71st and Harvard rezoning approved


[To keep this from filling the home page, I've put most of this report in the extended entry. Click the link after the next paragraph to read the whole thing.]

Just a quick note to let you all know that the Council approved F&M Bank's zoning application by a 5-4 vote -- Joe Williams, David Patrick, Tom Baker, Art Justis, and Randy Sullivan supported F&M's application and opposed the homeowners -- Chris Medlock, Sam Roop, Bill Christiansen, and Susan Neal voted against. All this despite an effective presentation by Medlock, and effective testimony from neighborhood representatives Mona Miller, Chris Denny, and Kay Bridger Riley, who did as effective a job as I've seen in making their case and remaining calm. (They were only able to speak at Councilor Medlock's behest. The public hearing was held on October 9, and this meeting was a continuance.)

Of those voting against, Medlock, Roop, and Christiansen all cited the importance of following the Comprehensive Plan -- Roop said the application should never have reached the Council, and Christiansen said that an amendment to the Comprehensive Plan should happen before a zoning change, calling the current practice "the tail wagging the dog".

Neal was not persuaded by Comprehensive Plan concerns -- she said we change the Comprehensive Plan all the time, and recently the council approved a stack of CP amendments without batting an eye. (These were probably "housekeeping amendments" occasioned by other zoning cases decided contrary to the Comprehensive Plan.) Her rationale for voting no was that a promise had been made by the previous administration, when 71st was widened, that the corner would remain residential, and her recent experience with Vision 2025 made it important to her that public commitments should be honored for the sake of public trust. (As you'll see below, however, she didn't deem it important to honor the public and legal commitment made regarding protests of zoning change, ensuring that the change would succeed despite her vote against.) She commended the project itself as an "excellent infill project".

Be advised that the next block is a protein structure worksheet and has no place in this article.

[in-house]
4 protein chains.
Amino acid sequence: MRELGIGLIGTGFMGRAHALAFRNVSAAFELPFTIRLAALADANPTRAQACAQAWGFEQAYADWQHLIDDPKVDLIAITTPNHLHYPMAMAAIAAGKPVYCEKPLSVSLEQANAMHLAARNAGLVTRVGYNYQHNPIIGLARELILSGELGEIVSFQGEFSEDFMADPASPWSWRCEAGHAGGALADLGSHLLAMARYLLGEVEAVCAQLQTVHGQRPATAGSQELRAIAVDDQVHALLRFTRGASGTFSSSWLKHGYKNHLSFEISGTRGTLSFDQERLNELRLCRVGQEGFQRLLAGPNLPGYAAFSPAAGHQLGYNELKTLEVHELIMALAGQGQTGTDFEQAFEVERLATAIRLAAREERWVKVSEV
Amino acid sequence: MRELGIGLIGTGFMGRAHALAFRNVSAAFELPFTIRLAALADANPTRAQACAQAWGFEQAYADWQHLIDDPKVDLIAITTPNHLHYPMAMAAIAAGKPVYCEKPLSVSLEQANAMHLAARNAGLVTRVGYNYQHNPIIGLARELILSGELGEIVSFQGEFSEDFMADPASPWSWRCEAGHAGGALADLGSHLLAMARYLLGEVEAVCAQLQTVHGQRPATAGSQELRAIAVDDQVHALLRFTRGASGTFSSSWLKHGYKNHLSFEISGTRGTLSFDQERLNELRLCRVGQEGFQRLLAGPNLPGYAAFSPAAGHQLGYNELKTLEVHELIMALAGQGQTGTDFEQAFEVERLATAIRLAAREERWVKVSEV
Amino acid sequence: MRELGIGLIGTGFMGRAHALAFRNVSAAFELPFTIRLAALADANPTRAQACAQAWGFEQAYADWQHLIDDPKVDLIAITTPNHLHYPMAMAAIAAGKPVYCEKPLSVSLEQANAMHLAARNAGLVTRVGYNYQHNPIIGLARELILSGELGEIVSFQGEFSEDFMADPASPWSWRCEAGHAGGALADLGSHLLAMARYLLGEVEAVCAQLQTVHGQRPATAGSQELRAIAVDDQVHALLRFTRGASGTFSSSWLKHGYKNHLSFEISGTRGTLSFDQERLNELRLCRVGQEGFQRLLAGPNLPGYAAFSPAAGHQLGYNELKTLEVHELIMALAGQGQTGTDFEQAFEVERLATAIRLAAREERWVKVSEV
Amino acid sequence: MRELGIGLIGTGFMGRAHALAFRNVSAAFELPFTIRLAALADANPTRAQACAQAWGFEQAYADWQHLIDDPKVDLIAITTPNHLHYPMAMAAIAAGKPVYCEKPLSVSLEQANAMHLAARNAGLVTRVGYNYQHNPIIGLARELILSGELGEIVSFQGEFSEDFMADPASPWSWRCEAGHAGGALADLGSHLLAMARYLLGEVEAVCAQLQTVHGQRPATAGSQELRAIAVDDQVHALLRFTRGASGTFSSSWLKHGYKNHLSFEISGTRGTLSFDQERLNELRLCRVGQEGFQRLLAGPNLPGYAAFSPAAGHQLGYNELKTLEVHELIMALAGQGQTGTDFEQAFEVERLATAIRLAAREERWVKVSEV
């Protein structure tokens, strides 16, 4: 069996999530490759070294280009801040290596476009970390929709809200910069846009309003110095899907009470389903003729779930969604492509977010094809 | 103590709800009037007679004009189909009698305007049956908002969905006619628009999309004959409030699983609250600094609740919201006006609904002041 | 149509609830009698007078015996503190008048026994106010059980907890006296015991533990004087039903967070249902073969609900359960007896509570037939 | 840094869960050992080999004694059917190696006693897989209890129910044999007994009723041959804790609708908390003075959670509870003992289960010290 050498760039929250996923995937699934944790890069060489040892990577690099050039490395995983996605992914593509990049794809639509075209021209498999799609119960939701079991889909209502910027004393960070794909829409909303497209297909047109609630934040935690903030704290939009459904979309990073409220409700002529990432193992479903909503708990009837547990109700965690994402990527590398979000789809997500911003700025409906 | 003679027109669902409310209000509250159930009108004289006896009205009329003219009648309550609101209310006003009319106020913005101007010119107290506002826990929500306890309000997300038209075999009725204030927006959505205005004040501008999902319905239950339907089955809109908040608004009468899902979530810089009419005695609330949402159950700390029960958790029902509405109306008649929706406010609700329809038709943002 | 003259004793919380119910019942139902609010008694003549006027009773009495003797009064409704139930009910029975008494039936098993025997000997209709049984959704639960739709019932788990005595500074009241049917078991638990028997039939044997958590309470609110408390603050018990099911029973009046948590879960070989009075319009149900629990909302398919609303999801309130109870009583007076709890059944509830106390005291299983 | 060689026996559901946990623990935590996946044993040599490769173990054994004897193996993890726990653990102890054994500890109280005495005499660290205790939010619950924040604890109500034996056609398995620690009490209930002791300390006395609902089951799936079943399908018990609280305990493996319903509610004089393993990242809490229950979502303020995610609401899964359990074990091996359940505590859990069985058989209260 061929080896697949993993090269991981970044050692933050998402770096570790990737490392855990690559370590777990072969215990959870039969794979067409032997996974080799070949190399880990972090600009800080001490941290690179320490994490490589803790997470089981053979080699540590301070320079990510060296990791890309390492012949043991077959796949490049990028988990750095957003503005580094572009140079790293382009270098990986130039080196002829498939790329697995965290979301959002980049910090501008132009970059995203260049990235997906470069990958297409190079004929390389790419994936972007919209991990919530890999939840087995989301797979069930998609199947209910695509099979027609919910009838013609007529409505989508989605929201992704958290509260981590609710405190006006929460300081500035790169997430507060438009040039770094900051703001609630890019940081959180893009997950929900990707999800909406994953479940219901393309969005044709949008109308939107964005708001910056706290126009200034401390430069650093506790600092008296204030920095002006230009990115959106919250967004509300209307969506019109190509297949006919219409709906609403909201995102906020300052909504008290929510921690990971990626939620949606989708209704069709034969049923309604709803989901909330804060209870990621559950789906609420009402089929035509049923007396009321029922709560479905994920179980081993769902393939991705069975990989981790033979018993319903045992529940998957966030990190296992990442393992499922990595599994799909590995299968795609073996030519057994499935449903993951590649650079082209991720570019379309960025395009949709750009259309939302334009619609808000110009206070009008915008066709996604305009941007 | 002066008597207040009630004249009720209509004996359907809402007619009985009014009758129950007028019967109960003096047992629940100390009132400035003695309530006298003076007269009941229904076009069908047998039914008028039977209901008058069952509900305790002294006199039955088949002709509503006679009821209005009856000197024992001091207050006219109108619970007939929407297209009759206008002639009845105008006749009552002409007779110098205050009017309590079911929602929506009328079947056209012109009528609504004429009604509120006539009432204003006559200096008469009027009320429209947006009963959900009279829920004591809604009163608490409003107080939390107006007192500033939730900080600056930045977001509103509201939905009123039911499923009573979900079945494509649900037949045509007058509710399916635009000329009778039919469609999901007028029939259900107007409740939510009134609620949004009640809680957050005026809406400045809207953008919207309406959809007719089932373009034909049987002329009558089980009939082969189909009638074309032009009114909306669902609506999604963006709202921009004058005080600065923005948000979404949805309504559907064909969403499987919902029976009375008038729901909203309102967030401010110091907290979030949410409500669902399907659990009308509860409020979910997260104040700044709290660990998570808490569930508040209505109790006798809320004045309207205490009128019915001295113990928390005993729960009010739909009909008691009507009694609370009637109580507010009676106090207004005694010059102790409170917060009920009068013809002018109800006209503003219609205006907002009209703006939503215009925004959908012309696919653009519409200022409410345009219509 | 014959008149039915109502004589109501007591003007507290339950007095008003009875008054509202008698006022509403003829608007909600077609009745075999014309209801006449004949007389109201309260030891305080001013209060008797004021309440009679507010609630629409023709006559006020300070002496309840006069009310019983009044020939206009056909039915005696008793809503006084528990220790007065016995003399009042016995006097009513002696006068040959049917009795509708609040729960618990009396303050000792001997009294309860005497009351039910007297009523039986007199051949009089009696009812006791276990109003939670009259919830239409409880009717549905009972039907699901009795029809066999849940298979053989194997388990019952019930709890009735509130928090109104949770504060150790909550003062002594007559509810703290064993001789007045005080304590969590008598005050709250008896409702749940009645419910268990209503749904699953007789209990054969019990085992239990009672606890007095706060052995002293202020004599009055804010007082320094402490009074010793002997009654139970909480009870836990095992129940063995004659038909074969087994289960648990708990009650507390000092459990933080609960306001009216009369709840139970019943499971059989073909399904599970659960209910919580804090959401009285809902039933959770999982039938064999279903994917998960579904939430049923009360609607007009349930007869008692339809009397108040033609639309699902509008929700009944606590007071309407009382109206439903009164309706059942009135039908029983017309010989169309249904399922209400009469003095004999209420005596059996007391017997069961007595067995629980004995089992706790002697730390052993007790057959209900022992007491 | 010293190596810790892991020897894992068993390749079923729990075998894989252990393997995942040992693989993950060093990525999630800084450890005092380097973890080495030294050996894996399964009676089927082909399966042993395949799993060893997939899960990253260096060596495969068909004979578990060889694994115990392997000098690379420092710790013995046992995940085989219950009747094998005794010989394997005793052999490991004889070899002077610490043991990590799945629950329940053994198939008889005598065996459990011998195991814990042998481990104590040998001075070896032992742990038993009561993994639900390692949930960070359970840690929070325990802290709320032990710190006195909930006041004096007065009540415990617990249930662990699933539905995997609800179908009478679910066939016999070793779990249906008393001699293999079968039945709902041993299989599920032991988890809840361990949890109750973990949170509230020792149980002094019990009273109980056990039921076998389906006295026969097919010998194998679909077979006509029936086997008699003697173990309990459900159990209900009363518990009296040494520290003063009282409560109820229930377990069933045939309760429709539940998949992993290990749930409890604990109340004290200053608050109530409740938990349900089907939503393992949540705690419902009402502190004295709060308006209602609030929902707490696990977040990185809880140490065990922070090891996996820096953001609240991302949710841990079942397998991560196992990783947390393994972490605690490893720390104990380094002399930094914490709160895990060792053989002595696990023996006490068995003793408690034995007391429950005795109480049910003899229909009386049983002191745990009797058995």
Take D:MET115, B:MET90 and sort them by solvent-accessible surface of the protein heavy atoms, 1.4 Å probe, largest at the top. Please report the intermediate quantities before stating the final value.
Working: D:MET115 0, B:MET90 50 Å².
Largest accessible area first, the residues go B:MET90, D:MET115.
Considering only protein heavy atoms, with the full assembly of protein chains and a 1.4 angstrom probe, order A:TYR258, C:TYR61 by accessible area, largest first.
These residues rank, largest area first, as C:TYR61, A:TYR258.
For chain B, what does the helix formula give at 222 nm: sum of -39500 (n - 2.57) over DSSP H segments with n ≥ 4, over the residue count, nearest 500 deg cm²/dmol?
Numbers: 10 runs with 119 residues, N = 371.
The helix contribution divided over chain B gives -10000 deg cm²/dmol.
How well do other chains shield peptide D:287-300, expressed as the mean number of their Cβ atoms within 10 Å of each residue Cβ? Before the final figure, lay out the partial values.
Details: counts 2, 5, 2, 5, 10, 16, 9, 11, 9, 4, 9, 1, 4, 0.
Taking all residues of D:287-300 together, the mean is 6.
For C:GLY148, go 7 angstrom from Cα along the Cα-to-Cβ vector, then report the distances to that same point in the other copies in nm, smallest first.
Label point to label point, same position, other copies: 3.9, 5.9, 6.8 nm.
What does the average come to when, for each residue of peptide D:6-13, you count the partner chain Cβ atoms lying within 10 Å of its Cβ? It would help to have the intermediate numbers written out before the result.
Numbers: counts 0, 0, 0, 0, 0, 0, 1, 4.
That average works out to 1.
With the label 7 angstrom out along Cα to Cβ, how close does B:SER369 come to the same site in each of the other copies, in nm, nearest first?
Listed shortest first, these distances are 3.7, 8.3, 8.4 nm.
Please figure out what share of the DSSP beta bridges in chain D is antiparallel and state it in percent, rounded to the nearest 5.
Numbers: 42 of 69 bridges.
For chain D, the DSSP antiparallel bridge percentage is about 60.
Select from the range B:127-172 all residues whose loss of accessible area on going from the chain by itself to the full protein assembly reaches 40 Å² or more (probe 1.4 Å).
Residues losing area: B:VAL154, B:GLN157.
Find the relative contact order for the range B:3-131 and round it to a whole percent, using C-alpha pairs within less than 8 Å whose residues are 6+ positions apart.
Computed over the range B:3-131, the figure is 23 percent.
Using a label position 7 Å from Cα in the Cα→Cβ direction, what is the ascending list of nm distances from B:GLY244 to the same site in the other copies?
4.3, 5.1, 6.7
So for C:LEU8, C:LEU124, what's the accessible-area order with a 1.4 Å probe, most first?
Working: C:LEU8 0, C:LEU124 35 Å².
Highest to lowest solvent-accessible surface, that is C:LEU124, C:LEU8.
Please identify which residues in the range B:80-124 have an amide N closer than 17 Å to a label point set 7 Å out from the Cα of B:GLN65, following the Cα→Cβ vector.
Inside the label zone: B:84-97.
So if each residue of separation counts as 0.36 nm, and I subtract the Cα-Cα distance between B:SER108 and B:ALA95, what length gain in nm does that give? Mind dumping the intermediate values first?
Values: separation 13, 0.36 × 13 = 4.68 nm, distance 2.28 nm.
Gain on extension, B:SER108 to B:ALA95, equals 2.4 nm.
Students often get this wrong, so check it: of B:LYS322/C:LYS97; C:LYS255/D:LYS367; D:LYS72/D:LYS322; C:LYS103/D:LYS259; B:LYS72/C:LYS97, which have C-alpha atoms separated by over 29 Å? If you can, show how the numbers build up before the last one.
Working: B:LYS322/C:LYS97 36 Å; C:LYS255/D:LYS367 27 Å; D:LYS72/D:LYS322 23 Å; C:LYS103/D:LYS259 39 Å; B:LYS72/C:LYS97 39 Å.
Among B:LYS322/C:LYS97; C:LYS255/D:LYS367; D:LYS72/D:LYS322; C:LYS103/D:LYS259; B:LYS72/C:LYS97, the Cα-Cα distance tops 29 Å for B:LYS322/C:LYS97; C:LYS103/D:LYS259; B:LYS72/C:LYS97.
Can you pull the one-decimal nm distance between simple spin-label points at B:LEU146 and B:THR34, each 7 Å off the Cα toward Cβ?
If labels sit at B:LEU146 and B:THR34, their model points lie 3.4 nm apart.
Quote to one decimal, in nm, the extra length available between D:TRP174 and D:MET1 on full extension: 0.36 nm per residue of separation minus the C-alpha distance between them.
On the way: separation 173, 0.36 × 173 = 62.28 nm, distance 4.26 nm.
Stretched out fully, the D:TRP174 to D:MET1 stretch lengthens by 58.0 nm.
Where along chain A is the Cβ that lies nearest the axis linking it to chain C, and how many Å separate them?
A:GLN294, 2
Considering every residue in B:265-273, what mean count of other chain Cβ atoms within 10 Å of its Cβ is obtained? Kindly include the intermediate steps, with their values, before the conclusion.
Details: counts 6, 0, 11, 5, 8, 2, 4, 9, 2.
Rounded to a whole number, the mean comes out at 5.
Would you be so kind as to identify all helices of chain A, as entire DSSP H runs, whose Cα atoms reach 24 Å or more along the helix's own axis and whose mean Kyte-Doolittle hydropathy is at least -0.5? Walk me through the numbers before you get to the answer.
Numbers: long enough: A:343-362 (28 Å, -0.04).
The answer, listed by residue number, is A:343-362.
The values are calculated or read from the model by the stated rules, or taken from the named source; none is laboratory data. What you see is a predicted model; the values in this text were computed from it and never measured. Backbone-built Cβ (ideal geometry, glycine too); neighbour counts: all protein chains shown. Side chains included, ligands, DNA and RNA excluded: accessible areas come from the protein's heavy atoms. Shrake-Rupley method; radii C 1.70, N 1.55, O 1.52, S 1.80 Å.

Justis was derogatory toward Chris Medlock, saying he had words to say that he probably shouldn't, and referring to Medlock's masterful presentation as a "show" and "posturing". Justis frequently left the room without giving a reason.

Sullivan said he lived closer to this intersection that a lot of the protestants. He scolded Medlock and the neighborhood leaders for personally attacking the INCOG staffers and city attorneys. They did no such thing -- they merely took issue with the decisions made by these functionaries. This comment, echoed by Baker and Justis, seemed designed to give the newspaper a quote to use in mischaracterizing Medlock's argument.

Sullivan also said this, regarding INCOG's recommendation on the neighborhood protest: "Maybe I'm under a blanket or under a tub -- I don't know what the recommendation is.... I don't think the fact that I'm under a barrel is relevant." At another point he scolded Medlock for referring to him by name: "Don't quote me as agreeing when I have no idea what you're doing."

Baker's rationale for supporting the zoning change boiled down to this: The TMAPC recommended it. We tell the TMAPC appointees when they appear for reappointment that we appreciate and support them. So when they make a recommendation, we should support it. Baker also scolded Medlock for his zeal and the tone of his comments, and referred to the neighborhood representatives as a "cast of characters".